Many of our millennial children are smack dab in the era of student loans, expensive tuition and relatively low entry-level salaries. As a result, millennials like my daughter, Paige, rely on their parents to help support them between college and the years they actually start their lives. It seems like graduating college no longer means our children are on their own.
Today they are more likely to be on their own by age 25, instead of 21 or 22, when we had our independence. For some families, this means that parents will pay for their kids’ apartments and cars, or let them live at home rent-free, while they save up for their own place or pay down student loans.
For others, it means paying for car insurance, health insurance, phone bills and other smaller bills that when piled up can be difficult for someone right out of college to pay on a $35,000 salary in a big city like Washington, D.C. That’s where Paige moved right after college and began working.
We’ve helped her in various ways since she graduated. From subsidizing her apartment when she first moved to D.C. to helping out with insurance or phone bills or sliding her some cash here and there, we’ve figured out what works for our family. Paige has done her part in a large way and is grateful for our assistance.
“You all made it clear to me that I bear most of the burden for my choices such as law school, buying a car or where I live etc.,” she says. “But that you will continue to support me in meaningful financial ways that are actually very helpful to me, because otherwise I wouldn’t be able to afford those things, especially while I’m in school again.”
We also made it clear that if she needs something, she should ask for it and not just assume that it is available to her. Making this ask is important, Paige agrees, “because it has made me evaluate what I actually need versus what I want.”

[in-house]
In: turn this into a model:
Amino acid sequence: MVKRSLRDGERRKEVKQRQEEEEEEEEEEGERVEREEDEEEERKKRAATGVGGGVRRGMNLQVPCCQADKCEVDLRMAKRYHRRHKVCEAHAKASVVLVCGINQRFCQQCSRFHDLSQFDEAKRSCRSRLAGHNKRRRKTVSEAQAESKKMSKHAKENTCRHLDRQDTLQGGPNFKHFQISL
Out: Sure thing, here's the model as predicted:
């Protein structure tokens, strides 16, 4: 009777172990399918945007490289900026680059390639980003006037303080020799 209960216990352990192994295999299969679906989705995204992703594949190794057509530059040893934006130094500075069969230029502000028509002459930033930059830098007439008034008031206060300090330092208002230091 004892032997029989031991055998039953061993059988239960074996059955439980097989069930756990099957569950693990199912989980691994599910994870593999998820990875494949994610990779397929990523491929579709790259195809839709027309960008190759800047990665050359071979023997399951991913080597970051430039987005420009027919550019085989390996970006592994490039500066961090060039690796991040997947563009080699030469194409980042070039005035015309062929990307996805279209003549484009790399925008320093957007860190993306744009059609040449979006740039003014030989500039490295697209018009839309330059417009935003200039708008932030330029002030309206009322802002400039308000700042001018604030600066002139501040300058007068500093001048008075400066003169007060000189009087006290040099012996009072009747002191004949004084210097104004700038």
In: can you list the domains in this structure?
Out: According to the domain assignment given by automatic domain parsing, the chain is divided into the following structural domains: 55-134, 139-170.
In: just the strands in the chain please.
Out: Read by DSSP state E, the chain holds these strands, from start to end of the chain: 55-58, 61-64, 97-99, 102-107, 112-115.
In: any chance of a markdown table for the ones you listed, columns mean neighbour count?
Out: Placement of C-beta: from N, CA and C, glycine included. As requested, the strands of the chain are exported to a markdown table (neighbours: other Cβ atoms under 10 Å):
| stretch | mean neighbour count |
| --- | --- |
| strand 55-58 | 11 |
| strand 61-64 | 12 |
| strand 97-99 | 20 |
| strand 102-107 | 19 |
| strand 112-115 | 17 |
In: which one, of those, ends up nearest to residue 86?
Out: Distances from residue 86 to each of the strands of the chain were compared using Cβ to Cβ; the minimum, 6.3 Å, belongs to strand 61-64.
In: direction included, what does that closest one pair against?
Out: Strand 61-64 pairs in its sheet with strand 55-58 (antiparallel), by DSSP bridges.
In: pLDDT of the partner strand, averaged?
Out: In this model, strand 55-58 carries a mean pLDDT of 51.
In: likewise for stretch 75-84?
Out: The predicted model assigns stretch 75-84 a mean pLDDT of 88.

Well said. Well taught.
And as Paige looks around at her peers, she says she thinks there should be a balance. “I always roll my eyes when I hear about friends or classmates who are still on their parents’ payrolls at 25 years old. I’d like to think that I am about 85 percent off of your payroll. I think I am lucky to even be 15 percent on because I know people who are completely cut off and have no financial support at all.”
Sure, it would be great to have a trust fund like some of her friends, she continues, but she recognizes that she’s fortunate to have the support she has now. (Great!)
“I’ve been able to save a little bit more money that otherwise would be spent on insurance or a phone bill and it’s helpful to not have those expenses, particularly in law school,” Paige says.
As more and more people graduate college and move back in with their parents or as parents think about how to support their kids without babying them, it really comes down to what works for your family, but also encouraging your child to be financially solvent and responsible. I think both can occur without being extreme in either direction.
If your child is going to move back home, have a plan: Will they pay rent? Pay for groceries? Figure out how much help is too much. What are the ground rules for your adult child to come and go as they please?
We all need help. Parents should help while encouraging independence. It’s important that parents who allow kids back home don’t take advantage of them as well. The relationship should not be one of burden from either side. That’s just my take on it.
It’s like a lot in life: Think hard about when to hold ‘em and when to fold ‘em.